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There are parallels between visual attention and eye movements because both serve the purpose of directing our processing of visual information to stimuli from a region in space that is small enough to handle for our brain.

Since visual attention and eye movements are so tightly connected in the process of visual exploration of a scene, it has been suggested that the same mechanisms may be (partially) responsible for guiding them.

There is evidence suggesting that one cannot plan a saccade to one point in space and turn covert visual attention to another at the same time.

Born et al. provided evidence which shows that preparing a saccade alone already enhances visual processing at the target of the saccade: discrimination targets presented before saccade onset were identified more successfully if they were in the location of the saccade target than when they were not.

Born et al. showed that, if the color of a saccade target stimulus is task relevant, then identification of a discrimination target with that same color is enhanced even if it is not in the same location.

Saccades evoked by electric stimulation of the deep SC can be deviated towards the target of visual spatial attention. This is the case even if the task forbids a saccade towards the target of visual spatial attention.

FEF stimulation elicits saccadic eye movements.

Presaccadic activity is not measured in FEF for spontaneous saccades but for purposive saccades.

The motor map is not monotonic across the entire FEF, but sites that are close to each other have similar characteristic saccades.

Certain neurons in the deep SC emit bursts of activity before making a saccade.

It has long been known that stimulating the SC can elicit eye movements.

Onset times of visually guided saccades have a bimodal distribution. The faster type of saccades are termed `express saccades'. Ablation of the SC but not of the FEF makes express saccades disappear.

Eye movements are important for visual consciousness.

FEF and LIP stimulation elicits saccadic eye and head movements.

The contribution of head-saccades to full saccades can be influenced by knowledge about the target of the next saccade.

Brainstem activation is very similar to actual muscle behavior.

According to King, the principal function of the SC is initiating gaze shifts.

Before a saccade is made, the region that will be the target of that saccade is perceived with higher contrast and visual contrast.

In the first experiment by Brouwer et al, people fixated different parts of a shape depending on whether the task was just to look at it or grasp it.

The subject's initial saccade, however, was not influenced by the task.

The SC is also involved in eye, head, whole-body, ear, whisker and other body movements.

Receptive fields in some LIP neurons shift just before a saccade to where their usual receptive field will be after the saccade.

Correct pro-saccades are executed earlier than correct anti-saccades.

In saccade/anti-saccade experiments, direction errors are confined to the anti-saccade condition.

In anti-saccade experiments, incorrect saccades (those in the direction of the visual stimulus) occur earlier after target onset than do correct anti-saccades.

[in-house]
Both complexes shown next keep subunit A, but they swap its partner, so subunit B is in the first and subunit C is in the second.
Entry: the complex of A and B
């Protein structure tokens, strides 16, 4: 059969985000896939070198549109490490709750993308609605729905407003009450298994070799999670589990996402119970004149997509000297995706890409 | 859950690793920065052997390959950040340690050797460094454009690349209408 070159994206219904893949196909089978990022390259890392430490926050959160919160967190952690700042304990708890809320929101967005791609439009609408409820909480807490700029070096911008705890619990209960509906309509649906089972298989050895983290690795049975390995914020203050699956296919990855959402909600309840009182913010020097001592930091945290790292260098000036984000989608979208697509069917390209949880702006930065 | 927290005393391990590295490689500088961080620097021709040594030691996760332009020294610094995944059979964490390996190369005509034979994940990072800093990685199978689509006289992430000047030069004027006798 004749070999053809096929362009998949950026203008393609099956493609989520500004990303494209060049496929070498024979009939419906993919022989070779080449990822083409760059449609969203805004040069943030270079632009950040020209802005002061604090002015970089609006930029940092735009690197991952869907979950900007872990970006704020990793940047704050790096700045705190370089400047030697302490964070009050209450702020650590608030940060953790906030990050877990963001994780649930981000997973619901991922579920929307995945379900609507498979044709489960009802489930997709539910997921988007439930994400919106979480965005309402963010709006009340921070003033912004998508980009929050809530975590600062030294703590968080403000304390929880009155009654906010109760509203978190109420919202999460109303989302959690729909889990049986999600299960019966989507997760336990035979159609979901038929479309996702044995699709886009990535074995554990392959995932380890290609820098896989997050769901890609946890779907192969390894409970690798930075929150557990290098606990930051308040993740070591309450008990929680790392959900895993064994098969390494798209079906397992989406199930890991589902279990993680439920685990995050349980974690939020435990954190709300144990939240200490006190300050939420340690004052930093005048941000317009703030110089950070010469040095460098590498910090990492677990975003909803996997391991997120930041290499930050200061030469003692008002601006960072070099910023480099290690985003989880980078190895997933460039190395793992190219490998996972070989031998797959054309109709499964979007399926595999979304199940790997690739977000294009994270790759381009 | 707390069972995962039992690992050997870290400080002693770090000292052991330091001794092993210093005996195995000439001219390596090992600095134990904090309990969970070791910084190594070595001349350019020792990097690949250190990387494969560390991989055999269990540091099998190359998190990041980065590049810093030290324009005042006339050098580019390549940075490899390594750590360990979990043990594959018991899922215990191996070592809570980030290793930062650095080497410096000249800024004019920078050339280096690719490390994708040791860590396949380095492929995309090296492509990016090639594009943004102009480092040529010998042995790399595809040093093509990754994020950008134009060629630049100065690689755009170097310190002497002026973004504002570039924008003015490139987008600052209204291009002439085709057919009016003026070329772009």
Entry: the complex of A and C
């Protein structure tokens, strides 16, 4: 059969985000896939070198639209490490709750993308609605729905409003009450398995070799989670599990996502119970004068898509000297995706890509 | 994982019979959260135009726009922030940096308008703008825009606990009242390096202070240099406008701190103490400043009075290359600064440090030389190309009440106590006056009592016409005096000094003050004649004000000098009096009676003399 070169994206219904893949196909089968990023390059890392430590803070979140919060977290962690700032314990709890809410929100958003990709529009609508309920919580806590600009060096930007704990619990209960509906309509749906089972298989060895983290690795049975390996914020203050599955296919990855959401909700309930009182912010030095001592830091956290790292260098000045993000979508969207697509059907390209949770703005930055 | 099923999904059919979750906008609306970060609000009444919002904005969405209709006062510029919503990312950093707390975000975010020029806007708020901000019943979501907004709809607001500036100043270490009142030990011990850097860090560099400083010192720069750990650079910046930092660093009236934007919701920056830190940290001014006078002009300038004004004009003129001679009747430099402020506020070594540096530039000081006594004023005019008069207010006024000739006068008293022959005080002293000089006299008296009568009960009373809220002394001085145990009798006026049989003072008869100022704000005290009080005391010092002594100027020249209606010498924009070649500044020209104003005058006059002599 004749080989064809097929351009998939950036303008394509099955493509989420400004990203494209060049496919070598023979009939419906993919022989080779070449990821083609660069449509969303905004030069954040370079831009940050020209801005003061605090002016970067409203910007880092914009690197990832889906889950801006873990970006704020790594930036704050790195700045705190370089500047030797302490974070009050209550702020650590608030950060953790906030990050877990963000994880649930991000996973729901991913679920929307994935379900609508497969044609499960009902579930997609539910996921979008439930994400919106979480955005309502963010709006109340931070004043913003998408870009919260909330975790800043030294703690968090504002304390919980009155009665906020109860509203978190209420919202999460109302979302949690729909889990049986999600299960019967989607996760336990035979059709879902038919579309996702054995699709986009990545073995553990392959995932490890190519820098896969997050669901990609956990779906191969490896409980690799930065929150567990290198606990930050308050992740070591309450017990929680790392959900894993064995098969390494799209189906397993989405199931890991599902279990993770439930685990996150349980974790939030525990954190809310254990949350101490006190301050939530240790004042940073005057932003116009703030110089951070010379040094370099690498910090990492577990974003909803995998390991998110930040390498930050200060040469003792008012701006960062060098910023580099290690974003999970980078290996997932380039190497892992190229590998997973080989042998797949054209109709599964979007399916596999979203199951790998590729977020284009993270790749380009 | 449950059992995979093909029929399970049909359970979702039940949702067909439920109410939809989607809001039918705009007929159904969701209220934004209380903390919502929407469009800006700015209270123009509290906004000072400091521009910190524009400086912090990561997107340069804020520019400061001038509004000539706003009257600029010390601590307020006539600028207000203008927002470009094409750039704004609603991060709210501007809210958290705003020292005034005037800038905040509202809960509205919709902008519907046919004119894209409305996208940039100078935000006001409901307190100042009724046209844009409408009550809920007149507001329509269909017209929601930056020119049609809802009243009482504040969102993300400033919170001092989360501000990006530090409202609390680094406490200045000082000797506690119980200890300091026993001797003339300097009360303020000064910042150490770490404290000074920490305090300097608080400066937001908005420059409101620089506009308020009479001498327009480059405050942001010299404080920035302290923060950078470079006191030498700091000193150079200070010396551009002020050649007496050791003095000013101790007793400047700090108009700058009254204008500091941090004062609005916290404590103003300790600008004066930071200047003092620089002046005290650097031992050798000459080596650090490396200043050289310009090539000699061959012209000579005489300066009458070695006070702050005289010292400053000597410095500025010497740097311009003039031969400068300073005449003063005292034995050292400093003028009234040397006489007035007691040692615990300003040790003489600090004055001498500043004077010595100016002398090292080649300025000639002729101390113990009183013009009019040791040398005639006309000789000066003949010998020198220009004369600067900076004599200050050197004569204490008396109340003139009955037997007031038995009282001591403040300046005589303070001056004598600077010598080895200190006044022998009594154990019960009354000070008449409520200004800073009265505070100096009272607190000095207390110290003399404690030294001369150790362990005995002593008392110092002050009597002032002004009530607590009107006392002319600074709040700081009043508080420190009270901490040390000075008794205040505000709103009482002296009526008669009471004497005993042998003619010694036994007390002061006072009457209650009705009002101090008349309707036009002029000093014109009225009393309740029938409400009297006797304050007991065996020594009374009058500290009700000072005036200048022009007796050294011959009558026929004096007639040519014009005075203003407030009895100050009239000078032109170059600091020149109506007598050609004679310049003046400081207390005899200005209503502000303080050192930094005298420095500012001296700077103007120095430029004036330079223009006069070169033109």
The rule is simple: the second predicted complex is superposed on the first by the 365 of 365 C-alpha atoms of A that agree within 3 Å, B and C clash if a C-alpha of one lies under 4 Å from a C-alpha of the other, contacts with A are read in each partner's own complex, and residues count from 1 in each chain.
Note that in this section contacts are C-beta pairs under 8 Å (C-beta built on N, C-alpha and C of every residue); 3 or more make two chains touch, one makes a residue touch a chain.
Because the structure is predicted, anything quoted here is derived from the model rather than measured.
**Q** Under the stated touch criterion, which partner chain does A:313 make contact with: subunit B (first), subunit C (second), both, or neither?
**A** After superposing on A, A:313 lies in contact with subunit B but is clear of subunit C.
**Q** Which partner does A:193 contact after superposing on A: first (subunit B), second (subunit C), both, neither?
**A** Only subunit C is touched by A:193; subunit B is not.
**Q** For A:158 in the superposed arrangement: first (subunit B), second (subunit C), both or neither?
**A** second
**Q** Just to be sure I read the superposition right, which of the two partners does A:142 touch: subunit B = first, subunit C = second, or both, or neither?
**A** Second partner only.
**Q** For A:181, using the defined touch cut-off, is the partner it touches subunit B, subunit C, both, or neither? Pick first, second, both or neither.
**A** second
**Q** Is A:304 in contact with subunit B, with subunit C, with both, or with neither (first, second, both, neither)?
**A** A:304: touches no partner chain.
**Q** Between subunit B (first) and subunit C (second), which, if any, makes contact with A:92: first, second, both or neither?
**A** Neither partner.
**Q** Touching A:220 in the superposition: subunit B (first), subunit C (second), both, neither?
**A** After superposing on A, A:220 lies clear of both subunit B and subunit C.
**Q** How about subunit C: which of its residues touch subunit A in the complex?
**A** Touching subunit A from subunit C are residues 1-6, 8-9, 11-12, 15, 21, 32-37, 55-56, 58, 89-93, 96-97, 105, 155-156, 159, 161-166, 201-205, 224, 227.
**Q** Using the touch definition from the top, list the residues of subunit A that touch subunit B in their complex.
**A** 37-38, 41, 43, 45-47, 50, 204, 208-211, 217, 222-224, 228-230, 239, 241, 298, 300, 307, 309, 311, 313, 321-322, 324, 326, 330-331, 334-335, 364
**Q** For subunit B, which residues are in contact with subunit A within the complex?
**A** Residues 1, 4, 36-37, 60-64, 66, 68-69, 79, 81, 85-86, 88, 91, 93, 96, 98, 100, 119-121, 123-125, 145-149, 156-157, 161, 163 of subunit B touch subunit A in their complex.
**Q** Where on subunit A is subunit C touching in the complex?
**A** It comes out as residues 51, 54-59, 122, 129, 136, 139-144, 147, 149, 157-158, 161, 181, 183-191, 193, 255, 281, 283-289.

The timing of correct pro-saccades has a bi-modal distribution. One class of pro-saccades happens very fast (express saccades), the others take a little longer.

Express saccades are thought of as reflex behavior. The reflex behind them is referred to as the 'visual grasp reflex'.

They are believed to be the result of a direct translation of a visual stimulus into a motor command.

In anti-saccade conditions, the `visual grasp reflex' must be suppressed.

One family of models for saccades and anti-saccades are the `accumulator models'.

These models pose that activation of saccade and saccade suppression neurons race each other. The one first to reach a threshold wins.

Activation of FEF and SC neurons is higher before direction error saccades in anti-saccade tasks than before correct anti-saccades.

Munoz and Everling assume that there are distinct populations of fixation and saccade neurons in the SC and FEF.

In a more recent paper, Casteau and Vitu state that there is some debate about that. However, they, too argue for distinct fixation neurons. On the other hand, they also state that fixation neurons probably are not located in the SC itself, which is in contrast of what Munoz and Everling write.

Omnipause neurons in the reticular formation tonically inhibit `the saccade-generation circuit'.

It seems unclear what is the original source of SC inhibition in preparation of anti-saccades. Munoz and Everling cite the supplementary eye fields (SEF), dorsolateral prefrontal cortex (DLPFC) as possible sources, and the substantia nigra pars reticulata (SNpr).

Saccade targets tend to be the centers of objects.

When reading, preferred viewing locations (PVL)—the centers of the distributions of fixation targets---are typically located slightly left of the center of words.

When reading, the standard deviation of the distribution of fixation targets within a word increases with the distance between the start and end of a saccade.

Saccades are thought to be biased toward a medium saccade length; long saccades typically undershoot, short saccades overshoot.

During reading, the further a saccade lands from the center of a word, the greater the probability of a re-fixation.

Pajak and Nuthmann found that saccade targets are typically at the center of objects. This effect is strongest for large objects.

It is the reticular formation that initiates saccades.